New York high court backs JP Morgan against insurers in decades-old Bear Stearns claim
New York State’s highest court sided with JP Morgan in a case deciding whether insurance policies purchased more than a decade ago by former investment bank Bear Stearns applied in a 2003 Securities and Exchange Commission (SEC) probe.
Bear Stearns, the once-revered Wall Street stalwart that JP Morgan purchased for $2 per share in March 2008, reached a settlement with the SEC in the case, which involved late trading and deceptive market timing activities for certain clients.
The settlement required Bear Stearns to disgorge $160mn, along with a $90mn penalty, to compensate mutual fund investors who were harmed by its improper trading practices.
The decision reversed a lower court’s ruling that the insurers, including Chubb subsidiary Vigilant Insurance, Lloyd’s syndicates and Travelers, were not required to cover the payouts because the $160mn disgorgement was not insurable as a matter of public policy.
Chief Judge Janet DiFiore of the New York Court of Appeals wrote in the decision that the dispute turned on the proper interpretation of various parts of the coverage provision, particularly the definition of “loss.”
“Under the relevant policies, the insurers agreed to pay all ‘loss’ which Bear Stearns became legally obligated to pay as the result of any claim – defined as including any civil proceeding or governmental investigation – for any wrongful act, which encompassed any actual or alleged act, error, omission, misstatement, neglect or breach of duty by Bear Stearns and its employees,” DiFiore wrote.
The policies defined “loss” to include compensatory damages, punitive damages where insurable by law, multiplied damages, judgments, settlements, and costs and expenses resulting from any claim. She noted that “loss” expressly encompassed “costs, charges and expenses or other damages incurred in connection with any investigation by any governmental body”.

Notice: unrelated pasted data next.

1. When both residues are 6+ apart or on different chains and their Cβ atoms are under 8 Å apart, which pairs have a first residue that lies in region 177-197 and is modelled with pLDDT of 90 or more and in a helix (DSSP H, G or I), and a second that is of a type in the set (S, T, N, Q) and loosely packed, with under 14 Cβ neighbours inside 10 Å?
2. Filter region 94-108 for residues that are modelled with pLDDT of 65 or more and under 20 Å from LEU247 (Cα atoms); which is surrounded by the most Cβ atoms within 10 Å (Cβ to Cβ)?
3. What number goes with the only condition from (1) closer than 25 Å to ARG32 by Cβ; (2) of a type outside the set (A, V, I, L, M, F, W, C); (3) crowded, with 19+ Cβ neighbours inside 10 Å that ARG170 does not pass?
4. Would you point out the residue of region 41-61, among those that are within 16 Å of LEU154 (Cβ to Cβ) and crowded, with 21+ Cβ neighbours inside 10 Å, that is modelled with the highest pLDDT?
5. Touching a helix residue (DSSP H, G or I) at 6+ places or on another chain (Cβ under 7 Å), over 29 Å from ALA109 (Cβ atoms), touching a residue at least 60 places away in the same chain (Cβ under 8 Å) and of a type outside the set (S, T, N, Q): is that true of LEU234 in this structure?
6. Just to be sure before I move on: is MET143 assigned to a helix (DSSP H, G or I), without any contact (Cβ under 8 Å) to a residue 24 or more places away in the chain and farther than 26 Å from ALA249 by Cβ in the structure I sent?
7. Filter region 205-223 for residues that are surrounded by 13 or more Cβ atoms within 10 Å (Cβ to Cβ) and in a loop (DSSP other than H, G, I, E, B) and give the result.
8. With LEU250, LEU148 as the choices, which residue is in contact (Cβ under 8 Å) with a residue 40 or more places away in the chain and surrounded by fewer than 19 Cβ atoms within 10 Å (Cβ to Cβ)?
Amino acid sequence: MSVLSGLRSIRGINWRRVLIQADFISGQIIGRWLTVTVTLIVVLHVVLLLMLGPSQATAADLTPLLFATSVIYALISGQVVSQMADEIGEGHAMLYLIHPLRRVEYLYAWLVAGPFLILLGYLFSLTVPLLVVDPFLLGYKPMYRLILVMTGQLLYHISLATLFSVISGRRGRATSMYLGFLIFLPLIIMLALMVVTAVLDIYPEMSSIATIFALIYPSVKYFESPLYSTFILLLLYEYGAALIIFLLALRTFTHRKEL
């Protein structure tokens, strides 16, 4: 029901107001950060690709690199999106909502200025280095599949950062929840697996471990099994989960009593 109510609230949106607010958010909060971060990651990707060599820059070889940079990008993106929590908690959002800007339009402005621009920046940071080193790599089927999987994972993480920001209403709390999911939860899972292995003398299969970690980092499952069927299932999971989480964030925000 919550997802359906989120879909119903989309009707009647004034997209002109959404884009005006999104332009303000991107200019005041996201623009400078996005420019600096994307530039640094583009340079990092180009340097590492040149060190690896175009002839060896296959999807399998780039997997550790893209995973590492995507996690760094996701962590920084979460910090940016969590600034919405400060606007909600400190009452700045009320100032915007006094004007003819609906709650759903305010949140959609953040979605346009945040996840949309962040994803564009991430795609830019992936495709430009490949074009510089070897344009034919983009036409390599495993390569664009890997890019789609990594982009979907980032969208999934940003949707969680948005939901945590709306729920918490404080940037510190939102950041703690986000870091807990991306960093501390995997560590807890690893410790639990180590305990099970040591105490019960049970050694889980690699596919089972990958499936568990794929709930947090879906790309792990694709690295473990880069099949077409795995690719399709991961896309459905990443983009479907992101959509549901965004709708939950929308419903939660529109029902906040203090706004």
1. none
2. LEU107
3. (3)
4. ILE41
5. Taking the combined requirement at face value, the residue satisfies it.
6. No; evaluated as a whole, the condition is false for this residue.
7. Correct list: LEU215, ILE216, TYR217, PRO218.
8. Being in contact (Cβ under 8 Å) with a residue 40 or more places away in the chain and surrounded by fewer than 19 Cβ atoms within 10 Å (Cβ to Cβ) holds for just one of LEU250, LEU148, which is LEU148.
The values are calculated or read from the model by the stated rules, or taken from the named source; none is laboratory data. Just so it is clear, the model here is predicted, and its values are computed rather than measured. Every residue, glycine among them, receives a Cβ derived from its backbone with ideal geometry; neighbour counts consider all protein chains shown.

However, there was an exception in that “loss” should not include “fines or penalties imposed by law”.
“This language is at the core of this appeal,” DiFiore wrote. She cited case law that held that “the specific language used in the relevant policies ‘must be interpreted according to common speech and consistent with the reasonable expectation of the average insured’ at the time of contracting, with any ambiguities construed against the insurer and in favor of the insured”.
She also said that the insurer “bears the burden of proving that an exclusion applies to defeat coverage”.
The insurers did not meet the burden of proving that the phrase in the policy that excluded “penalties imposed by law” would not apply to disgorgement, DiFiore wrote, because the phrase wasn’t defined in the polices.
She stated that prior cases determined that a penalty is distinct from a compensatory remedy, and under New York State law, penalties have “consistently been distinguished from compensatory remedies, damages and payments otherwise measured through the harm caused by wrongdoing.”
Both sides agreed the $90mn Bear Stearns paid was clearly a penalty. Bear Stearns demonstrated that $140mn of the $160mn disgorgement reflected the value of customers’ gains and corresponding injury, while $20mn was Bear Stearns’ own ill-gotten gains.
The removal of the $20mn from the coverage request supported the investment bank’s claims, the chief judge wrote, noting that “the policies expressly covered settlements and other sums related to investigations by a governmental regulator”.
The case was sent back to the Appellate Court for review of additional issues in the case that were not considered when it dismissed the broader case.